Opportunity, at times, cloaks itself in annoyance. Some real estate agents like to grumble about Zillow and their clients’ propensity to take the Zestimate and other data points as gospel.

However, a website with the level of access and data-gathering power that Zillow has presents a real opportunity. One interesting thing that Zillow does is make its data fully accessible to any end user. The data are all downloadable and available to be used.

Zillow’s data download by city or metro area is a massive series of spreadsheets but provides the best chance at diving deep into their numbers. Below are some basic steps for working with the spreadsheets.

1. Isolate the data sets you need. For each report, you will probably be looking only at a few areas. You will likely be focusing on the area you work in — if you get a great influx of buyers from another city, perhaps that area, too — so you can compare and contrast housing values and make sure you’re comparing apples to apples.

2. Once you isolate the areas you need, also take a look at the time periods you need. You may only want to examine pivotal years that tell the story in your market, or you can put them all into a graph, which could be easier to analyze.

3. Now that you’ve got only the data you want to examine, look at each Zillow spreadsheet. Some relate to Zillow’s housing indices, while others deal directly with sold price and price per square foot.

Using the stats from every single spreadsheet is likely overkill and may overwhelm your end user. Focus on the data that relates to the story you want to tell. Are there time periods of dramatic rise or fall? Which data segments are most relevant to your market? Zillow breaks the data into condos, single-family homes and rentals, as well as dividing up data by housing price and size. Depending on where your market focus lies, you may want to exclude some of the data.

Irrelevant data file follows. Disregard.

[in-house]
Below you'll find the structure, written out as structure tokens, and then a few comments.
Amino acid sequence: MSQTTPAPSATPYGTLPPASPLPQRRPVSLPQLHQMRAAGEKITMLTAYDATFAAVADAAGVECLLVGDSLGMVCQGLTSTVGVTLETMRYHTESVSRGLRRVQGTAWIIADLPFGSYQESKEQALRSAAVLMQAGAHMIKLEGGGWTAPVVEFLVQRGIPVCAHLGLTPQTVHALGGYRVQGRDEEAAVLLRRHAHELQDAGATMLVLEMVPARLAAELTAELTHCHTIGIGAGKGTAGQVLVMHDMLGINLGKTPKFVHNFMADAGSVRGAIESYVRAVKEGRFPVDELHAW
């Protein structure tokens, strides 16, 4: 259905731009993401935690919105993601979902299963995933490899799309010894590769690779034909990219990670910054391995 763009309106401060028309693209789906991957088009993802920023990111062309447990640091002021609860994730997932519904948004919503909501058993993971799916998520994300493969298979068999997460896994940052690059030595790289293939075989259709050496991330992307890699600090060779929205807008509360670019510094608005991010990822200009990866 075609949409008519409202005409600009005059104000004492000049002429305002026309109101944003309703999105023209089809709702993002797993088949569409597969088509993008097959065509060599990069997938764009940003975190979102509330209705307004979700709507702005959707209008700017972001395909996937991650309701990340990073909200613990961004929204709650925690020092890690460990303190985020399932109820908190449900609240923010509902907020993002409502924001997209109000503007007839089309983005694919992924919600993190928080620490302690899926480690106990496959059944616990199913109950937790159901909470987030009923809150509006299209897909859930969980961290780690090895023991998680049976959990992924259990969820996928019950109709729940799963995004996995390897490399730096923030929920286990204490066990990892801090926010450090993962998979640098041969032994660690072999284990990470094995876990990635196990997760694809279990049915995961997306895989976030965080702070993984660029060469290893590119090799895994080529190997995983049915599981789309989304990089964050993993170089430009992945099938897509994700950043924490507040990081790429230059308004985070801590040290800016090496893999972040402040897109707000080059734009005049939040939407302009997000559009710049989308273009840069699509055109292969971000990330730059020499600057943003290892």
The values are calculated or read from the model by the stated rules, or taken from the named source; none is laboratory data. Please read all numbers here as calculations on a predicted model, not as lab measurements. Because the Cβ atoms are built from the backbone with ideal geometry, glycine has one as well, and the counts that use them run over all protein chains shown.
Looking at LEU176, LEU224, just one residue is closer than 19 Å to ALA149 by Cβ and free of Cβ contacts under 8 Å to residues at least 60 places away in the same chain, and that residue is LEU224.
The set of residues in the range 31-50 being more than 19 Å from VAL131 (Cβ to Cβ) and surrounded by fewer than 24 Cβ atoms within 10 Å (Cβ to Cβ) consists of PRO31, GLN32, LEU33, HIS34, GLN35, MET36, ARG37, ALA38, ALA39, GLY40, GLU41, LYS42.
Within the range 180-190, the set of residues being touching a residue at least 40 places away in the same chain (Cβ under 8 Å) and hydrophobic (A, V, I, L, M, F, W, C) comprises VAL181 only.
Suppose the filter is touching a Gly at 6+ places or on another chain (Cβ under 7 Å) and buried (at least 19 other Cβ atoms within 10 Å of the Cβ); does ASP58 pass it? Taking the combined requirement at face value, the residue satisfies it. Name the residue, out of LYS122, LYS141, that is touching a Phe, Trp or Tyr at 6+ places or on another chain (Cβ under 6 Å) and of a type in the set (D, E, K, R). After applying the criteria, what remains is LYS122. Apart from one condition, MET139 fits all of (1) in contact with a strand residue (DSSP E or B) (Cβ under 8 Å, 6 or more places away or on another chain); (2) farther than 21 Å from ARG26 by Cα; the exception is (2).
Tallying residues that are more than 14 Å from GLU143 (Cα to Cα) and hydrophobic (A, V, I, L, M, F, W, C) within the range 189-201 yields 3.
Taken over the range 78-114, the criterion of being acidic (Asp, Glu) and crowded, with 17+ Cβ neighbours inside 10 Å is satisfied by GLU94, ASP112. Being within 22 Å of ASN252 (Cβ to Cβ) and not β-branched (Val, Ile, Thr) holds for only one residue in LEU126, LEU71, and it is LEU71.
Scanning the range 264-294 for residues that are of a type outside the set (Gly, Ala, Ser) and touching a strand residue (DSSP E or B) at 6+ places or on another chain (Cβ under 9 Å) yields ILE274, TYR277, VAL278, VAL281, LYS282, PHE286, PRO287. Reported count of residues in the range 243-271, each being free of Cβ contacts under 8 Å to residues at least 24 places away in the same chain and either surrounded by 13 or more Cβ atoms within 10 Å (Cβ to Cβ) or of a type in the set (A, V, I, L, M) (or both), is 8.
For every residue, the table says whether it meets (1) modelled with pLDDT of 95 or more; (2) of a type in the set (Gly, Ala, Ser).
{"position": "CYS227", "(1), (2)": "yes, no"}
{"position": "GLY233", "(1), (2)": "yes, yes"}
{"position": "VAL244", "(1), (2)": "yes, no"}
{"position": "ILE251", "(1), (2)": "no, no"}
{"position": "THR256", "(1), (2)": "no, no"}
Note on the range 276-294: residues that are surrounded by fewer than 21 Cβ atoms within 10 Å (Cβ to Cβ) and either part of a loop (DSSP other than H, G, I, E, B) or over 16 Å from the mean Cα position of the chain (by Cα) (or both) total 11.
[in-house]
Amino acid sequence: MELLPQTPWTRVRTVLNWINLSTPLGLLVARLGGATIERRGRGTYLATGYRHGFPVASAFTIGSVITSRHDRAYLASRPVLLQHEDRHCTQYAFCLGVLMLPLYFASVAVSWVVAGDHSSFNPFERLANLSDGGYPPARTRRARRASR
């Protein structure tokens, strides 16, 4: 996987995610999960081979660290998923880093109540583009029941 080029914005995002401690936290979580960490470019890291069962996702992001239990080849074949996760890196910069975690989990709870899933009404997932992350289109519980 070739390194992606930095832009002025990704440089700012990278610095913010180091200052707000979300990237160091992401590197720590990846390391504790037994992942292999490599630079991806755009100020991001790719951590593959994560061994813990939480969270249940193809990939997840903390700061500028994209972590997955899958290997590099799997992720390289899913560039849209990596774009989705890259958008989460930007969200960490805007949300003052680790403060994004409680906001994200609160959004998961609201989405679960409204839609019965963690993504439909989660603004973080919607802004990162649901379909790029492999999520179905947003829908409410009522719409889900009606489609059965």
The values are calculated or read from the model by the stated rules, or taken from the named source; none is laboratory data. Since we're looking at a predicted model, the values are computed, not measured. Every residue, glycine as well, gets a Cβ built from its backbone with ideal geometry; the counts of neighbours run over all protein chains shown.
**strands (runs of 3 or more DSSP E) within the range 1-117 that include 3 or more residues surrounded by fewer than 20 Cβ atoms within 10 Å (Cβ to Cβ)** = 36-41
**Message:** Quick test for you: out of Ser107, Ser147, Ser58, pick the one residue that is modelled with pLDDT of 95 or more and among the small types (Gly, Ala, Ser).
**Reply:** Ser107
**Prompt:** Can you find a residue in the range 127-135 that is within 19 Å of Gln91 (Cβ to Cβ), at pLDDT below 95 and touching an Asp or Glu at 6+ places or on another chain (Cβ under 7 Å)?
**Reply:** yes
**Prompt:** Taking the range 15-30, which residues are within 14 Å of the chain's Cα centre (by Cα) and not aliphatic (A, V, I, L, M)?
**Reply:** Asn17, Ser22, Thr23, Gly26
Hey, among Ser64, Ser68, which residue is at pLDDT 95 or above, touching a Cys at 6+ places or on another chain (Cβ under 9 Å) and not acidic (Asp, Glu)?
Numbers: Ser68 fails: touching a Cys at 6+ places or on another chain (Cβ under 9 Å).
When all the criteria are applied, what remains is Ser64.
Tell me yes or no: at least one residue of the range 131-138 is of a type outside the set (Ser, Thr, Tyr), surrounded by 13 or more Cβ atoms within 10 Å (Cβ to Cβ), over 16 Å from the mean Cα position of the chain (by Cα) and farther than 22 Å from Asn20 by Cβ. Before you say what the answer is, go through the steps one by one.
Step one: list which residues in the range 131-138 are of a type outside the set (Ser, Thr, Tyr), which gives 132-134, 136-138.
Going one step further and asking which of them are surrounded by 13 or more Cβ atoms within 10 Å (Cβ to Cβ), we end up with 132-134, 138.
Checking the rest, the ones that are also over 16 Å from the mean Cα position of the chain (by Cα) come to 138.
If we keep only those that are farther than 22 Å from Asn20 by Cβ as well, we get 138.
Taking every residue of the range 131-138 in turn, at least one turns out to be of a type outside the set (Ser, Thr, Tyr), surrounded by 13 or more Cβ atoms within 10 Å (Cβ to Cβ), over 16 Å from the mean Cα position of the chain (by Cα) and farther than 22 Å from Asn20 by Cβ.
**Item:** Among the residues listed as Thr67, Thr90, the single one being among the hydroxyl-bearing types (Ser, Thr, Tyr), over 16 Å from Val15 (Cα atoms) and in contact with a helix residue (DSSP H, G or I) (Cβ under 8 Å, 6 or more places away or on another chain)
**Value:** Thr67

4. Now that you’ve got the data you want, it’s often a good idea to compare them to other data in the marketplace — such as data from your local MLS (multiple listing service) or numbers from other local, statewide and national real estate associations. The numbers often differ, but the trend patterns should be similar and should help you find the story you want to share with your clients. You can also incorporate local economic data to help craft an overall picture.

5. Conveying the data to your clients has two components: words and images. Putting the data in context makes it more than just a flurry of numbers; context makes those numbers relevant to the reader.

Combine your analysis of the data with simple graphics. You don’t have to be a graphic designer to make things visually interesting. You can use an inexpensive service to create simple graphics or create charts right in Excel.

These data can be shared in blog posts, newsletters, email, presentations and conversations. Your analysis can also serve as an introduction, inviting your client to request more information, such as a CMA (comparative market analysis).

Like the Zestimate, these data are not the ultimate authority, but they will hand you another tool to use in the ongoing quest to provide clients with the most comprehensive overview of their real estate world.

And for clients who may already be on Zillow, using data directly from their favorite real estate website may actually bolster their faith in your acumen!

Deidre Woollard was part of the marketing team at realtor.com and is currently the head of communications for Partners Trust, a leading luxury brokerage in Los Angeles.

Email Deidre Woollard.

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